It was the night of the Melrin Ball, and as predicted it seemed the entire kingdom had materialized at Dargon Keep. Beautiful carriages, bearing equally beautiful people, had begun arriving just as the sun was departing, and they had been entering in a steady stream for almost two bells now; it was a wonder that the court marshal still had enough voice left to announce the last few stragglers.
Hidden away in the darkest possible corner she could find, Aaliyah sighed as couple by couple, the richest and most powerful citizens of Dargon and the surrounding areas arrived. Food, richly appointed and perfectly displayed, adorned the heavy wooden tables that ran down the center of the room, and smartly dressed page-boys lugged around large flagons of drink under the watchful eyes of more experienced servants. The rustling of brocade dresses, the clanking of ceremonial weaponry, and the clamor of voices all echoed around the hall, and the young figure hidden away in the corner was beginning to think that no more noise could fit.
Three sharp clangs abruptly drowned out the din, and from the upper reaches of the hall came the court marshal’s call.
“Announcing the Duke and Duchess of Dargon!”
The small creature that had heretofore been lurking in the shadows tiptoed forward, taking care to remain mostly hidden behind the voluminous skirts of several of the larger female guests. At the front of the hall stood Clifton Dargon II, the duchess by his side. He wore his family’s coat of arms proudly on his chest, and his lady’s dress had been emblazoned with dozens of miniature copies over the sleeves and bodice. The duke raised his arm in welcome.
“A fair Melrin to all! Let the ball begin!” A cry went up from the crowd, and a large troupe of minstrels began to set up in one corner, pulling instruments from bags and downing one last gulp of drink. In short order the food and tables were moved to the sides of the room, and the music began. Aaliyah sighed yet again and leaned against the nearest pillar, looking wistfully at the musicians.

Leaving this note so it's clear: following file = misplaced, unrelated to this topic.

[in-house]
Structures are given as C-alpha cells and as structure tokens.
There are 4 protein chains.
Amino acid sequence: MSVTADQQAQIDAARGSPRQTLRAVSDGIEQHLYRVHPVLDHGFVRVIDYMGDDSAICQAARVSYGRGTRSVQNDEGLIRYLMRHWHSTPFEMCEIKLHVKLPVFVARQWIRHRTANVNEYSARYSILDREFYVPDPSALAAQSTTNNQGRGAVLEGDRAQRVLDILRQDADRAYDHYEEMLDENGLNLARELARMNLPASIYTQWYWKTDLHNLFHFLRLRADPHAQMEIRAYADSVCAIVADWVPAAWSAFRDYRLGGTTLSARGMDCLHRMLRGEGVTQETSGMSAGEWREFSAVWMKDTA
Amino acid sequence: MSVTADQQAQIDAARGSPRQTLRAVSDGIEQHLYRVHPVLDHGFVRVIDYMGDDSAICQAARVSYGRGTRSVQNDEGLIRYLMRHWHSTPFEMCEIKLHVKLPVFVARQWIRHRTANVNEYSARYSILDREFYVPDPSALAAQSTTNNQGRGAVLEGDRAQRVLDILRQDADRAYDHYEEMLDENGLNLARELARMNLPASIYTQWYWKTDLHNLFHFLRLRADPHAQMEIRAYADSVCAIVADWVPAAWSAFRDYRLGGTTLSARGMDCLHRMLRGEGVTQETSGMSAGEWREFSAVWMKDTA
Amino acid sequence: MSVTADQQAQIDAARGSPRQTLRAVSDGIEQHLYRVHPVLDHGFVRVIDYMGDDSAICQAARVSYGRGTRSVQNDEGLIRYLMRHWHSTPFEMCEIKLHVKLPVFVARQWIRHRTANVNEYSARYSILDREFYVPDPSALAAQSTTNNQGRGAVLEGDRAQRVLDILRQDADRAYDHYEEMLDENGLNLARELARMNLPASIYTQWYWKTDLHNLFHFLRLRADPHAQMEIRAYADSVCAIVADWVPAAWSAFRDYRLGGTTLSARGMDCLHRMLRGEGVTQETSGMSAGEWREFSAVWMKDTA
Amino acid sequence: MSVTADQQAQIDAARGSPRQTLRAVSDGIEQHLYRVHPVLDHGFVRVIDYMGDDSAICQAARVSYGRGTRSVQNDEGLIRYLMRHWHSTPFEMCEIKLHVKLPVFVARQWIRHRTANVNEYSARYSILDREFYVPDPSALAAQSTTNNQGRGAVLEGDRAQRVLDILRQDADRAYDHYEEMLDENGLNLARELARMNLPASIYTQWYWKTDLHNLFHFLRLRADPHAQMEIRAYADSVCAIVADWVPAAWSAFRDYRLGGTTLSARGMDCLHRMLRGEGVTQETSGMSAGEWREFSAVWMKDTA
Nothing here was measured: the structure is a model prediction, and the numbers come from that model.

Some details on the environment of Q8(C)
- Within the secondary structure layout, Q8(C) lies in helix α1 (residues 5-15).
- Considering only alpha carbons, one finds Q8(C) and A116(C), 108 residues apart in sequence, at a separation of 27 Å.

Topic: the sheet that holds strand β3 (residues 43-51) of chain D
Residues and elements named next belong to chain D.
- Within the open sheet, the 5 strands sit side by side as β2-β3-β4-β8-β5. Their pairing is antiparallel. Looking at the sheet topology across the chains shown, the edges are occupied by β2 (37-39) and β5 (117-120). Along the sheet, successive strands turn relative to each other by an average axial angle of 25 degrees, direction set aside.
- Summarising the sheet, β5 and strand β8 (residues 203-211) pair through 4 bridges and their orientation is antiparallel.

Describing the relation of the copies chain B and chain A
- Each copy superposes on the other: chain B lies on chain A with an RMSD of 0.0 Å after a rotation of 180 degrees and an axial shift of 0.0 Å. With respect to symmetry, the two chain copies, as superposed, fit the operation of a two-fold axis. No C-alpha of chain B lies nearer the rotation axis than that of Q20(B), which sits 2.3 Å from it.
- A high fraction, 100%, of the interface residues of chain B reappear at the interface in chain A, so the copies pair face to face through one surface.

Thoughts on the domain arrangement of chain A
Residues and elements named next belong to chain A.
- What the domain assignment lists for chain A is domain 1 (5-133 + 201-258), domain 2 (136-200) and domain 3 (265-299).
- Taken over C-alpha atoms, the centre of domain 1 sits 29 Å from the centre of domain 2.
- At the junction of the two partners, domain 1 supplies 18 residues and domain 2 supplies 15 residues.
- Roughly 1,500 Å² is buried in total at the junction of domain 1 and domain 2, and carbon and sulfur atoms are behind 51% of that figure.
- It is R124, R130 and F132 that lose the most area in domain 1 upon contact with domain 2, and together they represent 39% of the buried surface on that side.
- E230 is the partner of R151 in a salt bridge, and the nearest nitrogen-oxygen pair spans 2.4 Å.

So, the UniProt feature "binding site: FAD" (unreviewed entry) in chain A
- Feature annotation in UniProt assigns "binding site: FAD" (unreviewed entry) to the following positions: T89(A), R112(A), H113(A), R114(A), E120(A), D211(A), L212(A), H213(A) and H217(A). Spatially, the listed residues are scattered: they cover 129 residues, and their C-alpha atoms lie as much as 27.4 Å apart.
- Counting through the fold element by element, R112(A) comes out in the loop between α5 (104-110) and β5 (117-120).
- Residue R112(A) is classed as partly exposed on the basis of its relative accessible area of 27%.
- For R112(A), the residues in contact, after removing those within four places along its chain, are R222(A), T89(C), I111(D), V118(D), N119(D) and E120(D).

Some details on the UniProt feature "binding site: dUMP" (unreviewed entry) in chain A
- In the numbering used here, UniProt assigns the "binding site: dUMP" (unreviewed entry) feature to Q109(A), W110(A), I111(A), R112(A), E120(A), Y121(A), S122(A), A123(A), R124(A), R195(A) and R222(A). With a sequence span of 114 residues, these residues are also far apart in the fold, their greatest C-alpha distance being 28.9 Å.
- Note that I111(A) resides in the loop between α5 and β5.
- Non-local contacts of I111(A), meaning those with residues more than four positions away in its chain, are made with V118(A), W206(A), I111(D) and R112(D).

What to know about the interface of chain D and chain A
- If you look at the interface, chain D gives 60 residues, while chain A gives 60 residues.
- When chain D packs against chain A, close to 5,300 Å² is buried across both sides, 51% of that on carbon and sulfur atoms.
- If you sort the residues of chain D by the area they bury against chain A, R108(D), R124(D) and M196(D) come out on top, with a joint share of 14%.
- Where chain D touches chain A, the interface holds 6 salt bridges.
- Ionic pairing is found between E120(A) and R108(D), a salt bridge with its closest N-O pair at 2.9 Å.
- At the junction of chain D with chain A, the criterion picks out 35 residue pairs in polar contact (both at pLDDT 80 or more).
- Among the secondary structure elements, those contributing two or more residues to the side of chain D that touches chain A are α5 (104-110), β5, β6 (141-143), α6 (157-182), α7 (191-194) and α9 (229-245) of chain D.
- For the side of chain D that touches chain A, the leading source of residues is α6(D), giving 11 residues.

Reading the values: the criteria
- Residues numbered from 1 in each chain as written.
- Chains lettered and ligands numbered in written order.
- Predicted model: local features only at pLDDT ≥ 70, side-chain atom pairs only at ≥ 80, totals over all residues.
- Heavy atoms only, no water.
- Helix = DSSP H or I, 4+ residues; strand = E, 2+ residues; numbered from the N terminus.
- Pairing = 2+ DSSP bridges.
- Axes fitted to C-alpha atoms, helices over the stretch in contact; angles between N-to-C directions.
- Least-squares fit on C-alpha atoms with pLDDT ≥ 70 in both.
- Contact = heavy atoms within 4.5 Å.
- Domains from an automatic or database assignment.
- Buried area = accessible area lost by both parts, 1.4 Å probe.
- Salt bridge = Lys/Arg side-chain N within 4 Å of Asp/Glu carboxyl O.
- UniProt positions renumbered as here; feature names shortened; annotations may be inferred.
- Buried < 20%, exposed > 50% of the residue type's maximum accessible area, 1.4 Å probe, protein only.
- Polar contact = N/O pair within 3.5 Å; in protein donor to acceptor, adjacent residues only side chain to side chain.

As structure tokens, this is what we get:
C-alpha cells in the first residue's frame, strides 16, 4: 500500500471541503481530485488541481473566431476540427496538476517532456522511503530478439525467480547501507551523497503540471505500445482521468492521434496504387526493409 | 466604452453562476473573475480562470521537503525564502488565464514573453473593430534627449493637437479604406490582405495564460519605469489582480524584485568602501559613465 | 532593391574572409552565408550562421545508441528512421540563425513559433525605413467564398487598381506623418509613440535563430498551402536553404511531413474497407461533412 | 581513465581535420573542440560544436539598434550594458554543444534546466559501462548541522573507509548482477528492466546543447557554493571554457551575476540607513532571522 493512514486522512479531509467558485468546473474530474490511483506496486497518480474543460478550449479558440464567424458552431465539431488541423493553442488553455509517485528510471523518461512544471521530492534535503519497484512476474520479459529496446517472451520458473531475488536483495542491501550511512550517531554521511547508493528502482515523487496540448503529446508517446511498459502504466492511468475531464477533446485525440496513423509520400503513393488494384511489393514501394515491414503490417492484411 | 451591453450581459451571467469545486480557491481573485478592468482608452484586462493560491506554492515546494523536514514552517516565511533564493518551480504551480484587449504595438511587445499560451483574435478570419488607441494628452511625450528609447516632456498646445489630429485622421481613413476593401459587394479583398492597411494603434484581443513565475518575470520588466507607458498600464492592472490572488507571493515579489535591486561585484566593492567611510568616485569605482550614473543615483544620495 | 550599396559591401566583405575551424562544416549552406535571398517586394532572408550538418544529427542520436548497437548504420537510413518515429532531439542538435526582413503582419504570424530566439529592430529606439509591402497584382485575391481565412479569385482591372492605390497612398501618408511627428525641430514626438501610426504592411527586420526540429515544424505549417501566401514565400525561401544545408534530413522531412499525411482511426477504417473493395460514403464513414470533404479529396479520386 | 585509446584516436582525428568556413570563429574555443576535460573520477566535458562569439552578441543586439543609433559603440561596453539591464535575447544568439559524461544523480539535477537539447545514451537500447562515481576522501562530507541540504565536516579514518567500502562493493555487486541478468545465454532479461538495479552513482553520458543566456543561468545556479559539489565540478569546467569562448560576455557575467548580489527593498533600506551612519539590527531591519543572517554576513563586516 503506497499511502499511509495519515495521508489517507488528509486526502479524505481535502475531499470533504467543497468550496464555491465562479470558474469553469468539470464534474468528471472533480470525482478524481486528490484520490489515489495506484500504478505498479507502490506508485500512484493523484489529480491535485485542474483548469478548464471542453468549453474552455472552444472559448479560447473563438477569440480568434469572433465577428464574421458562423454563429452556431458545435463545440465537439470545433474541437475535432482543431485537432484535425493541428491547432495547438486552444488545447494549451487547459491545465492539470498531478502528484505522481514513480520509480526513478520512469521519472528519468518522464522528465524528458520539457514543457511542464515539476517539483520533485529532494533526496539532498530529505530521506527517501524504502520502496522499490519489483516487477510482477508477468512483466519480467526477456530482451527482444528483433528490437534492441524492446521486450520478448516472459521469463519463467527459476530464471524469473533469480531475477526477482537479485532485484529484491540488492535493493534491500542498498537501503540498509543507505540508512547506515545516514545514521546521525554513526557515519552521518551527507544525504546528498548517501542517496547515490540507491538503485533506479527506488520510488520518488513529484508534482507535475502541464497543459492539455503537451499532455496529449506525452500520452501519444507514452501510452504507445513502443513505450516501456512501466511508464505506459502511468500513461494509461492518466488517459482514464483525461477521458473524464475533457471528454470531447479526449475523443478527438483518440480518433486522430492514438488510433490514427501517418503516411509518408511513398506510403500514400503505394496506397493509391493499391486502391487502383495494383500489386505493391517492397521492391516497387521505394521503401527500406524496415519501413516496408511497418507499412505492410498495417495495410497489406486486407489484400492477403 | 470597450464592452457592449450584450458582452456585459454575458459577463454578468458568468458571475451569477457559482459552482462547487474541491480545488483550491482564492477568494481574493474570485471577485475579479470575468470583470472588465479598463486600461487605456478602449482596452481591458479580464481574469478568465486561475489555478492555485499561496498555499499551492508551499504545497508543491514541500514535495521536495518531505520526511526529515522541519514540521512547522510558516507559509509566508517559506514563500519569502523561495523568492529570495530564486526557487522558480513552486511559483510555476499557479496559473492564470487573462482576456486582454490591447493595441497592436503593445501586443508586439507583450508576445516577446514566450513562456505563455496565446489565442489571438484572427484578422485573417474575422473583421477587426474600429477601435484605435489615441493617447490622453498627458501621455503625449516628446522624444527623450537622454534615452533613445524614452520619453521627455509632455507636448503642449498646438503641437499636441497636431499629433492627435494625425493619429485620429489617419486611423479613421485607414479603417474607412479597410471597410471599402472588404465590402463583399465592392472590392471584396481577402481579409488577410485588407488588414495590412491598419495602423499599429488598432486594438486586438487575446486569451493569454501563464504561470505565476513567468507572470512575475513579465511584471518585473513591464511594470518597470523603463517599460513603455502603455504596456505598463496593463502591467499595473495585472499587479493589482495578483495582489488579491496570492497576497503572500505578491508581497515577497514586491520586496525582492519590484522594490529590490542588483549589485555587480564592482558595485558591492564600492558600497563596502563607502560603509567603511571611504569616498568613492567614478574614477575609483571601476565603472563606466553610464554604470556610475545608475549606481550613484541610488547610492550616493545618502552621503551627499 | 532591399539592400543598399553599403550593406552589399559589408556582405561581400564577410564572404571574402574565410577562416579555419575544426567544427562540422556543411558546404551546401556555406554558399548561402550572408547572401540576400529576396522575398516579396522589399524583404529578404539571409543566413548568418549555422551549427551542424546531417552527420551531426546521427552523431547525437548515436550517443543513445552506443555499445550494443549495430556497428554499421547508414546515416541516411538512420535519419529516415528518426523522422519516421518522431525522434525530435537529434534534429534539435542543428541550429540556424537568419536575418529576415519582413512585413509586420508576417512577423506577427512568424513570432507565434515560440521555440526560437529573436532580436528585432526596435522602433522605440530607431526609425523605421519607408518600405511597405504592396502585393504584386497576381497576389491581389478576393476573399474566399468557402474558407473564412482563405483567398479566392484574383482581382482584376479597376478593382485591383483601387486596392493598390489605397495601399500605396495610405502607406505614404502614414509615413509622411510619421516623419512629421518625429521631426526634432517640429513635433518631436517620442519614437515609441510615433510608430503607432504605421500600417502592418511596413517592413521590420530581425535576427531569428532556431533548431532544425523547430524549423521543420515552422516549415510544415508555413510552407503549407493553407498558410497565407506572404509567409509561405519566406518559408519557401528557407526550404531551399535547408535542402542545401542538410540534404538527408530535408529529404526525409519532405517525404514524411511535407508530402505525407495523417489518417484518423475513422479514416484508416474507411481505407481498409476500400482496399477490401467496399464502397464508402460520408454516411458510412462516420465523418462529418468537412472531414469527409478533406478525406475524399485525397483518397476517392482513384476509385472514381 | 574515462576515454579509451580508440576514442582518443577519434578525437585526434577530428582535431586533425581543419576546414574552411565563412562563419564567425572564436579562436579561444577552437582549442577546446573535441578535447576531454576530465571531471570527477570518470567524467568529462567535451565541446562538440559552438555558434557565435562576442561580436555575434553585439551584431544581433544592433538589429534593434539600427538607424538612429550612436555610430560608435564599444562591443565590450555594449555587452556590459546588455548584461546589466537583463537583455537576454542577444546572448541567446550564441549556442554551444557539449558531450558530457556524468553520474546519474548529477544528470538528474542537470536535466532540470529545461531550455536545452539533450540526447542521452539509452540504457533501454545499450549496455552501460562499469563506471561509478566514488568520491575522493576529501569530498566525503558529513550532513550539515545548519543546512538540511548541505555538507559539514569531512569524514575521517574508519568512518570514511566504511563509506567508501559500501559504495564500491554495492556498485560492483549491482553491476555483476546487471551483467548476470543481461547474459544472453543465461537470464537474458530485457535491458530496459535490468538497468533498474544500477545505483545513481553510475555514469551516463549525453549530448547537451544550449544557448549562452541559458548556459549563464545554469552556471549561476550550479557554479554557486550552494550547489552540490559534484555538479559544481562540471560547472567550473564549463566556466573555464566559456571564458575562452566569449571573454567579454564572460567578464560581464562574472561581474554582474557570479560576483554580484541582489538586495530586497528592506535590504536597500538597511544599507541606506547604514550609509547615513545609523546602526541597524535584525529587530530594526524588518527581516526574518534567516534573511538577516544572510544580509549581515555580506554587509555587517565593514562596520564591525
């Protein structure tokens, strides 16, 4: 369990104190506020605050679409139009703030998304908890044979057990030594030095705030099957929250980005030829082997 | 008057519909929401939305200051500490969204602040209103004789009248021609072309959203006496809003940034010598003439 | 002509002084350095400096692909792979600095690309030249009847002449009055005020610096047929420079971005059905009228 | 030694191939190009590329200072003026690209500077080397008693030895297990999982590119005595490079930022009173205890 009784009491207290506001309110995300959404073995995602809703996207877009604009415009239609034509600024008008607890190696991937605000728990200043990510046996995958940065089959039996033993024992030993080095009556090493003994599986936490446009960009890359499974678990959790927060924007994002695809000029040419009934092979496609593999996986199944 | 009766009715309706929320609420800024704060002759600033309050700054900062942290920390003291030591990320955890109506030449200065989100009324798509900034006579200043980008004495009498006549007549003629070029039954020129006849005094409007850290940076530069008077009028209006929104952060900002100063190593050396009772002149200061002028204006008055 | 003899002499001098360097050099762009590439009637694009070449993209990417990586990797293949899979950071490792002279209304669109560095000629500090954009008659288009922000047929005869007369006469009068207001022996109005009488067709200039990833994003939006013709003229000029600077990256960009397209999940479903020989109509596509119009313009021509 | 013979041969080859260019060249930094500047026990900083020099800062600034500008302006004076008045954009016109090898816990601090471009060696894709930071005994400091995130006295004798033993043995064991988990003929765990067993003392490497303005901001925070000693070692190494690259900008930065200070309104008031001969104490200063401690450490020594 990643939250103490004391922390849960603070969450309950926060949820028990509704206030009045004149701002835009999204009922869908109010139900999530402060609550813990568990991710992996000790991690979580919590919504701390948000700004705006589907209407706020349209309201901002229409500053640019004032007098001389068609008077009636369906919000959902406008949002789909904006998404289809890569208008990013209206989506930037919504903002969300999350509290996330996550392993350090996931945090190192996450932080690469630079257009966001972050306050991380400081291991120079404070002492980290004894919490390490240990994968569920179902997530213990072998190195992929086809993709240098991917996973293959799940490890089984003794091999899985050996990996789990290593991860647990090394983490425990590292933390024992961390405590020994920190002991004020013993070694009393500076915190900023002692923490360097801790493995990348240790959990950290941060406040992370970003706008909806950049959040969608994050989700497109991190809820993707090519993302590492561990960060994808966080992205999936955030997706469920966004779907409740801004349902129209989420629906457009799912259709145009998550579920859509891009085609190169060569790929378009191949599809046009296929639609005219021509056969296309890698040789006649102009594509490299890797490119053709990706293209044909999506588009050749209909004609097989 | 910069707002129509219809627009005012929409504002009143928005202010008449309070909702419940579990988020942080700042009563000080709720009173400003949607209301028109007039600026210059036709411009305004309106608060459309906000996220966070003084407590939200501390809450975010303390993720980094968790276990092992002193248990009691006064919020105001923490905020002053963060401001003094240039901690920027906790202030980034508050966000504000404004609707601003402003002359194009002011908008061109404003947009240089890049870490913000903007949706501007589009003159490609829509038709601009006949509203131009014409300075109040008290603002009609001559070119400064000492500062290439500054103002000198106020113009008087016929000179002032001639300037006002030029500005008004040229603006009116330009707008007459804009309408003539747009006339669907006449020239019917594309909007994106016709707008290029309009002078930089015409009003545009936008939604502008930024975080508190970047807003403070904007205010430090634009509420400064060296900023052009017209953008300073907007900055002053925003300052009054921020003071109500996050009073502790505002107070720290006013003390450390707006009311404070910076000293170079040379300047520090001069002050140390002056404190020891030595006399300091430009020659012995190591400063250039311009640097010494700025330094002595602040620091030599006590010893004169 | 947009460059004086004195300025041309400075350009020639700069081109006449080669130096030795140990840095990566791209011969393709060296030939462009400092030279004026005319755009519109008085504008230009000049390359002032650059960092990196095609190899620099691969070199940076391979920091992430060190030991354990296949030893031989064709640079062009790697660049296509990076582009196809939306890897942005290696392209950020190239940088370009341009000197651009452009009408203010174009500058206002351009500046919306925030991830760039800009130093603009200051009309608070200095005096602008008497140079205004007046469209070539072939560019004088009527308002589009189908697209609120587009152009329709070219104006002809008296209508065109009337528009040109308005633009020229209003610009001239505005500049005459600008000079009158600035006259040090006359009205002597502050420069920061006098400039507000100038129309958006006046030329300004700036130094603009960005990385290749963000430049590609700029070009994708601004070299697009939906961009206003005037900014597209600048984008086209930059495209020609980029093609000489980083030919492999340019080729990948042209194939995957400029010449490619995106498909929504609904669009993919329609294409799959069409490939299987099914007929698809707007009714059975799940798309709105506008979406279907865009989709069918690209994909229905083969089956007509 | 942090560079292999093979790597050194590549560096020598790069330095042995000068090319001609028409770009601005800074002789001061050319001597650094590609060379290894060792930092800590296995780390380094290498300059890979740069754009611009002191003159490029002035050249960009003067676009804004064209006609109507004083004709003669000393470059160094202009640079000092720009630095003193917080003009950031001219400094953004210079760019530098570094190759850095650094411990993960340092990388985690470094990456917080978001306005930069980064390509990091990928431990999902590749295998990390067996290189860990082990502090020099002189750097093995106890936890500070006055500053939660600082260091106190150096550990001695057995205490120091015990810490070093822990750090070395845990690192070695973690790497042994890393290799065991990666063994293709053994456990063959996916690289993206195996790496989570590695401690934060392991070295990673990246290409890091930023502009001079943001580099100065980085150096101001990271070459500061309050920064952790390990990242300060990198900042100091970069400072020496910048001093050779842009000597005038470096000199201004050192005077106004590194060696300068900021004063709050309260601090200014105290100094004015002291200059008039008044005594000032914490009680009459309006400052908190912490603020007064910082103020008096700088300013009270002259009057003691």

“Show your hands, villain!” These words, accompanied by a sharp poke to the middle of her back, made her whirl around with a shriek. Upon seeing her assailant, however, her look of fear was quickly replaced by a withering glare.
“Kelrith Dunlevy, you louse. You’re not to wave that thing at a lady. Do you not have anything better to do than irritate me?”
The boy grinned mischievously as he sheathed his dagger.
“Nothing is more fun than bothering you, ‘liyah.”
The girl shoved him out of the way with a snort.
“You are to address me as Aaliyah or lady.” She sashayed off down the corridor that ran around the large center room. Kel matched her steps easily, and she resisted the urge to shove him into the nearest wall.
“And I am to be content with being called ‘louse’?”
“Indeed, for that is what you are. Now leave me be. Mother promised I could stay awake a few bells longer tonight, and I intend to enjoy the ball.”
“How can you enjoy it when no one will ask you to dance?”
Aaliyah stopped mid-step, and Kel turned to face her.
“I…I am not yet old enough to be asked.” It was a source of extreme annoyance to Aaliyah that children were not allowed to participate in the dancing; it was an even larger annoyance that those under thirteen were considered children by … whomever it was that made the rules. So many rules! The older Aaliyah got, the more rules she was expected to follow: speak when spoken to, curtsy to any and everyone; it seemed the list continued on forever. And the worst rules were the ones that prevented her from doing fun things, like dancing for example. It wasn’t that she didn’t know how — she had learned to dance several years before. But to not be able to use that knowledge! For another entire year! It was torture, and Kel knew it.
“Such a pity,” Kel said, poking out his lower lip and faking a look of condolence. Aaliyah glowered at him. Then a smirk crossed her face.
“But you are old enough to do the asking. Why are you not dancing, hmm?”
The young man looked away, suddenly embarrassed. Aaliyah just couldn’t help herself.